Letter to the editor: Take action against climate change now
Katya Gordon, Knife River
After reading Jim Hofsommer’s global warming opinion in last week’s paper I couldn’t help but feel relieved that we don’t need to wait until people like the author are convinced of the reality of climate change before we respond to it. It is not hard to read a thermometer and record one’s findings over time. Nor is it hard to find the graphs of hundreds of these recordings online, or to notice the common thread running through so many of them. It has been given a name—the “hockey stick”—a slow and steady rise or fall that suddenly shoots sky high. Exactly how high these hockey sticks will shoot remains unknown.
Where to begin an appropriate response to climate change can be so overwhelming as to stop many of us in our tracks. But many—most of us, I dare hope—after a pause, have stepped forward to take action in hundreds of ways. We have even developed an entirely new principle on which to judge the value of a new technology, chemical, idea, industry, or process. Originating from cancer survivors who have risen in chorus after learning that they had been ingesting, breathing, and osmosing hundreds if not thousands of potential carcinogens that go unregulated and untested, the precautionary principle is worth reflecting on:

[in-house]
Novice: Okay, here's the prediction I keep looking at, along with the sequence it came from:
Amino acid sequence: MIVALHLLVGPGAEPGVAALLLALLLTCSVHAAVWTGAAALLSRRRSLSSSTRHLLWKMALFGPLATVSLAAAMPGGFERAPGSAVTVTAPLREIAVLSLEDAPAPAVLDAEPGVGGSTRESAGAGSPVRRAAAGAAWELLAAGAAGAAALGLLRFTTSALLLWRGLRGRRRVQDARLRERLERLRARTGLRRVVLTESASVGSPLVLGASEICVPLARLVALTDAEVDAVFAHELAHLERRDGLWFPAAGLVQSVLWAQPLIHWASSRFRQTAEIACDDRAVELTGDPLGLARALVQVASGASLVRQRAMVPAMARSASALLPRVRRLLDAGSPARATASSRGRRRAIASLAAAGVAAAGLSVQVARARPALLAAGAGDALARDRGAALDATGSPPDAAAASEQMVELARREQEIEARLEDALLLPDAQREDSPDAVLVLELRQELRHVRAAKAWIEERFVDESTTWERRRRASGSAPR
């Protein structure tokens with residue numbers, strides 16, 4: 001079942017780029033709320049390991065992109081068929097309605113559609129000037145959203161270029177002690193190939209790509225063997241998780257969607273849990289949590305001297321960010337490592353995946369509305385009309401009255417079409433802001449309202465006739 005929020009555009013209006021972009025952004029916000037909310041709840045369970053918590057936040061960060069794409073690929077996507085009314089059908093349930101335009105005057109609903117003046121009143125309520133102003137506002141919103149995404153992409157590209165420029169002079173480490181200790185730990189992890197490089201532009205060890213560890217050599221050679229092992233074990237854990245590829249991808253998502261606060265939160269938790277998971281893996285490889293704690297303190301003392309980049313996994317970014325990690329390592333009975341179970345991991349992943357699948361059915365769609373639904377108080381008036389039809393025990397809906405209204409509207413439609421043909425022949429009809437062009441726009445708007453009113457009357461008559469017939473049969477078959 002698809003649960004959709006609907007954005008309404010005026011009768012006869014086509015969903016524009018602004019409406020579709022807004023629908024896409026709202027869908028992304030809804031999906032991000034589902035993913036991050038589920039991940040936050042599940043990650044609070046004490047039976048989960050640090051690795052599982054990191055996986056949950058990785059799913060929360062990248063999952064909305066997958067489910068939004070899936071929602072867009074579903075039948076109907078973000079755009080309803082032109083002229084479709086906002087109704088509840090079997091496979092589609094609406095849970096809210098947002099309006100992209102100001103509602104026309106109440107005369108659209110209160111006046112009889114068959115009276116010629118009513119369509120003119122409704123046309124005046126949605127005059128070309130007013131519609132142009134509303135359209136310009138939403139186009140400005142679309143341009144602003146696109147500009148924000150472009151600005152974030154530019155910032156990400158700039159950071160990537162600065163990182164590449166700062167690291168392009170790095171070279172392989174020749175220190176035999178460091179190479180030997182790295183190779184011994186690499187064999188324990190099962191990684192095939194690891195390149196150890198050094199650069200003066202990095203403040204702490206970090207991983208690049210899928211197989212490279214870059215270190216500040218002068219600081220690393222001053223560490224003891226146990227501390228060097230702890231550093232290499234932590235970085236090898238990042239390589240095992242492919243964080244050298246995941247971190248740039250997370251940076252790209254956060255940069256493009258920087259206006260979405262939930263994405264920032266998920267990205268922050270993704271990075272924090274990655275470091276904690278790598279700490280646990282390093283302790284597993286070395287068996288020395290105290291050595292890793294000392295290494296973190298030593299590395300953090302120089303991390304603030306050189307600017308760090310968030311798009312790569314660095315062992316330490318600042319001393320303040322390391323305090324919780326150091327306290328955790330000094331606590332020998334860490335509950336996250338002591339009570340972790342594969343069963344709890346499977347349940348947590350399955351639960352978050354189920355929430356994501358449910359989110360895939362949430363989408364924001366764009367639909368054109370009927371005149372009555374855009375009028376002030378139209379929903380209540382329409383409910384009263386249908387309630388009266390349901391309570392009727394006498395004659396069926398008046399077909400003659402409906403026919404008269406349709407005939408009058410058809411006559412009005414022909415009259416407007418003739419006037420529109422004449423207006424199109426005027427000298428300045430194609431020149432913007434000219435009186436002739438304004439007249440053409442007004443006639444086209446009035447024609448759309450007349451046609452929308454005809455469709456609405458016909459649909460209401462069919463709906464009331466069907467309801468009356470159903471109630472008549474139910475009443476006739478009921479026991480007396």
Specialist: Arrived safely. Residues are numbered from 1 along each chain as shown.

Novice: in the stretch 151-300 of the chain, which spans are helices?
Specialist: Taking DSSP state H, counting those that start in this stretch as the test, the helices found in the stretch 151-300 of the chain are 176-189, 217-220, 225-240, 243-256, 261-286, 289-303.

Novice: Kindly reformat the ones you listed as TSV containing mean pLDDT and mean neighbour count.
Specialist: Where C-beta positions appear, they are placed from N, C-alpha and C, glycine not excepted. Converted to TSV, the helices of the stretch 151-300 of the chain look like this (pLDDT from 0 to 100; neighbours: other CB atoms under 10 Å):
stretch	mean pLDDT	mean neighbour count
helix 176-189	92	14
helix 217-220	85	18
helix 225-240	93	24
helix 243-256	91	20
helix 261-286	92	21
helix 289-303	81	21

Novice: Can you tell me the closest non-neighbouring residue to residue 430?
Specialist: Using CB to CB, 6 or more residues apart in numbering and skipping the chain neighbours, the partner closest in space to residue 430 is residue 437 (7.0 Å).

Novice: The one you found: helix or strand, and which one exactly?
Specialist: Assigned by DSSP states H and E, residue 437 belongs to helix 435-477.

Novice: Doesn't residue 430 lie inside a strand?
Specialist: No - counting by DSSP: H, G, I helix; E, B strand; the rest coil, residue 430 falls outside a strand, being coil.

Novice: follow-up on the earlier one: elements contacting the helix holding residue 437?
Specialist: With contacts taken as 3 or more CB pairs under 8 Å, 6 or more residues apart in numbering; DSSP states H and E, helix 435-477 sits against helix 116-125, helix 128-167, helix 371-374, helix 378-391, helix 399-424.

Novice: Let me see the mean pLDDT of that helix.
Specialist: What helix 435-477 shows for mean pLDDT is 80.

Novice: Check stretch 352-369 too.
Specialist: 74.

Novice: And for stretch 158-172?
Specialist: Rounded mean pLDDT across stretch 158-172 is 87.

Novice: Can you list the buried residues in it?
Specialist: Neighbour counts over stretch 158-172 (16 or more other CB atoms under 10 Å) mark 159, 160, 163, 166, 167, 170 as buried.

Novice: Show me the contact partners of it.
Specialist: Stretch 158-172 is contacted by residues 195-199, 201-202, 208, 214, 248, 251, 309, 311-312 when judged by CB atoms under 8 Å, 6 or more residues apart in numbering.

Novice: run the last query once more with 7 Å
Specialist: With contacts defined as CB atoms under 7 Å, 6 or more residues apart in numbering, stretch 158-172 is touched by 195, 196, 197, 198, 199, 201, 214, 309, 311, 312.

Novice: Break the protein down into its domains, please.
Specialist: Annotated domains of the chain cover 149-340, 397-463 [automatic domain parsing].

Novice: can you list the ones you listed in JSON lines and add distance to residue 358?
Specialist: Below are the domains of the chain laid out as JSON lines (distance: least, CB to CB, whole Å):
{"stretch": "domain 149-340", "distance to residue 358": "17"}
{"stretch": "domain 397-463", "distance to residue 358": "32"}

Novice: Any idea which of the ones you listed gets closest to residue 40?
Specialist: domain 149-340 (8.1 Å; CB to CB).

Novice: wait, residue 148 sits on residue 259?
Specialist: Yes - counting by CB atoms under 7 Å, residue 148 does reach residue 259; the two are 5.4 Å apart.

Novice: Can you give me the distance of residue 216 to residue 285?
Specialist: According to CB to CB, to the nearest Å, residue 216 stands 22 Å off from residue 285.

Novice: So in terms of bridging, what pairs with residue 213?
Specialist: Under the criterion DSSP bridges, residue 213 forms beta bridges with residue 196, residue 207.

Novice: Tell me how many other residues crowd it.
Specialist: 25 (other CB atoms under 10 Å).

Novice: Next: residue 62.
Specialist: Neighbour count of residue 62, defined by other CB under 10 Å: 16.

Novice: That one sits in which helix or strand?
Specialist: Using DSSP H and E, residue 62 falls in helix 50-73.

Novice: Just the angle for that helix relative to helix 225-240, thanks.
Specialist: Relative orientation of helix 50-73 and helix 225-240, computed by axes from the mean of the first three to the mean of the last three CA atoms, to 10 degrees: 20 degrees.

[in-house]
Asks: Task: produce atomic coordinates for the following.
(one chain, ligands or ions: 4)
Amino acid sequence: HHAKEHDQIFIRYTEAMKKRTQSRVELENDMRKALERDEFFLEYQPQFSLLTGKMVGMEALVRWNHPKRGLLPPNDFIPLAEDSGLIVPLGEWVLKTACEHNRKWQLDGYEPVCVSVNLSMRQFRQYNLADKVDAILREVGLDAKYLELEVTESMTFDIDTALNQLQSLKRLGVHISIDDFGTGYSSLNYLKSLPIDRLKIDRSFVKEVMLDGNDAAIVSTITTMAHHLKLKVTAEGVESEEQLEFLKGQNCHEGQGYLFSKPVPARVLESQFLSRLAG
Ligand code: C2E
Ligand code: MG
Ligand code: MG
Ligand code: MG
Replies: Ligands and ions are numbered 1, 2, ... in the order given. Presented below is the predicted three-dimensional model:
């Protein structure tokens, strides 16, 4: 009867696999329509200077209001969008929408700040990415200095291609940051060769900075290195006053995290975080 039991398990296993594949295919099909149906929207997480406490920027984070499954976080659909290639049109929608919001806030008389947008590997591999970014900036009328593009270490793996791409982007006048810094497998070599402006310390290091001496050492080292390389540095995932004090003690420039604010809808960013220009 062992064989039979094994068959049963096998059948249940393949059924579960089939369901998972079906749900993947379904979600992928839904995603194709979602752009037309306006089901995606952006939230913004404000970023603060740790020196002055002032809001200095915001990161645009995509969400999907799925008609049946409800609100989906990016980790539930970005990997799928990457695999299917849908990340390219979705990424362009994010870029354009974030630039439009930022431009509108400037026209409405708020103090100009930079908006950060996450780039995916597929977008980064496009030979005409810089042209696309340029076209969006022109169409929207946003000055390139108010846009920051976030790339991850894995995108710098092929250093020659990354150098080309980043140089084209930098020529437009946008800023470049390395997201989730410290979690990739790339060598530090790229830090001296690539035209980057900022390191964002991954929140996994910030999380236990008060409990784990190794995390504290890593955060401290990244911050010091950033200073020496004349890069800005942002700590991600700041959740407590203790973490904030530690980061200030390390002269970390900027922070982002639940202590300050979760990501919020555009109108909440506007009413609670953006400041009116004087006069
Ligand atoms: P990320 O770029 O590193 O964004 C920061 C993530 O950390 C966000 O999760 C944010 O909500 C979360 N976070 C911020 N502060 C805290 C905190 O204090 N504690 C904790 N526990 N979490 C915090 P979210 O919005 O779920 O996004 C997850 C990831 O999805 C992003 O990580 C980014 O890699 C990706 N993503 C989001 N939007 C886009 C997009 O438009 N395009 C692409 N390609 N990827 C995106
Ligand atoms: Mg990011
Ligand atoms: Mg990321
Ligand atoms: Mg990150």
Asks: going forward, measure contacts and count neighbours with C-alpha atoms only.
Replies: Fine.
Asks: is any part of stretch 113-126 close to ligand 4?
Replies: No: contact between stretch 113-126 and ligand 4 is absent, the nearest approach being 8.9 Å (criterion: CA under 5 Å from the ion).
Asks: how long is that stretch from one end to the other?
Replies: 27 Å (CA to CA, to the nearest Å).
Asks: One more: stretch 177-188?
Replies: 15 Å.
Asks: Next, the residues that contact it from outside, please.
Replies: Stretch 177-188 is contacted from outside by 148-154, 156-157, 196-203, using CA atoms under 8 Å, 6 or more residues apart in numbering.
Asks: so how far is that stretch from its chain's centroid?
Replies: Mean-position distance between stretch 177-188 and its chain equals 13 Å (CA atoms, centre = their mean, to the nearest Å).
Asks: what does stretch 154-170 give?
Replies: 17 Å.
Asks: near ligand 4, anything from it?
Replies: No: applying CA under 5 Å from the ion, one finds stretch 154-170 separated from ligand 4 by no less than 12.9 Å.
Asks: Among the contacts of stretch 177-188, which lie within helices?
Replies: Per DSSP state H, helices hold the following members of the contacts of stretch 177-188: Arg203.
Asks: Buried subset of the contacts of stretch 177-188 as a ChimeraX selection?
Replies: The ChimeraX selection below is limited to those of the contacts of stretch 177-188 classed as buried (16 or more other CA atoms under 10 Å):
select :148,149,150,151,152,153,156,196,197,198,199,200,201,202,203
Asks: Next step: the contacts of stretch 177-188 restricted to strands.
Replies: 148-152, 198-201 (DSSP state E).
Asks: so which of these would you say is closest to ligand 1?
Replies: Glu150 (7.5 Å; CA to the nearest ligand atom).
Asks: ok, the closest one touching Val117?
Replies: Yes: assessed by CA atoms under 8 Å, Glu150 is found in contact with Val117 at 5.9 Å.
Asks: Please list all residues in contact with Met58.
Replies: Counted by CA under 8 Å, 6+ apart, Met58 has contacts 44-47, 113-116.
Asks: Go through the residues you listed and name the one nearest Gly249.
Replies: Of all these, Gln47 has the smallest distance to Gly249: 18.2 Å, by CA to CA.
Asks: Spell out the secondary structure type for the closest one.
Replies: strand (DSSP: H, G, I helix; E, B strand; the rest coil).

“When an activity raises threats of harm to human health or the environment, precautionary measures should be taken even if some cause and effect relationships are not fully established scientifically. In this context the proponent of an activity, rather than the public, should bear the burden of proof. The process of applying the precautionary principle must be open, informed and democratic and must include potentially affected parties. It must also involve an examination of the full range of alternatives, including no action.”
This principle, encapsulated by the Science and Environmental Health Network in 1998, has been finding its way into the missions of organizations and governments ever since. It is easy to understand: “better safe than sorry.” What parent has not said: “Look both ways before crossing?” The industrial machines that drive our economy have narrowed our peripheral vision for a long time; we are now in the middle of a busy street and we are hearing squealing sounds that 99,995 watchful bystanders tell us is the sound of braking tires. One bystander tells us this might just be the regular sounds that the car makes, or the car itself might be an illusion. I think it’s time to scurry back to the sidewalk and take a better look.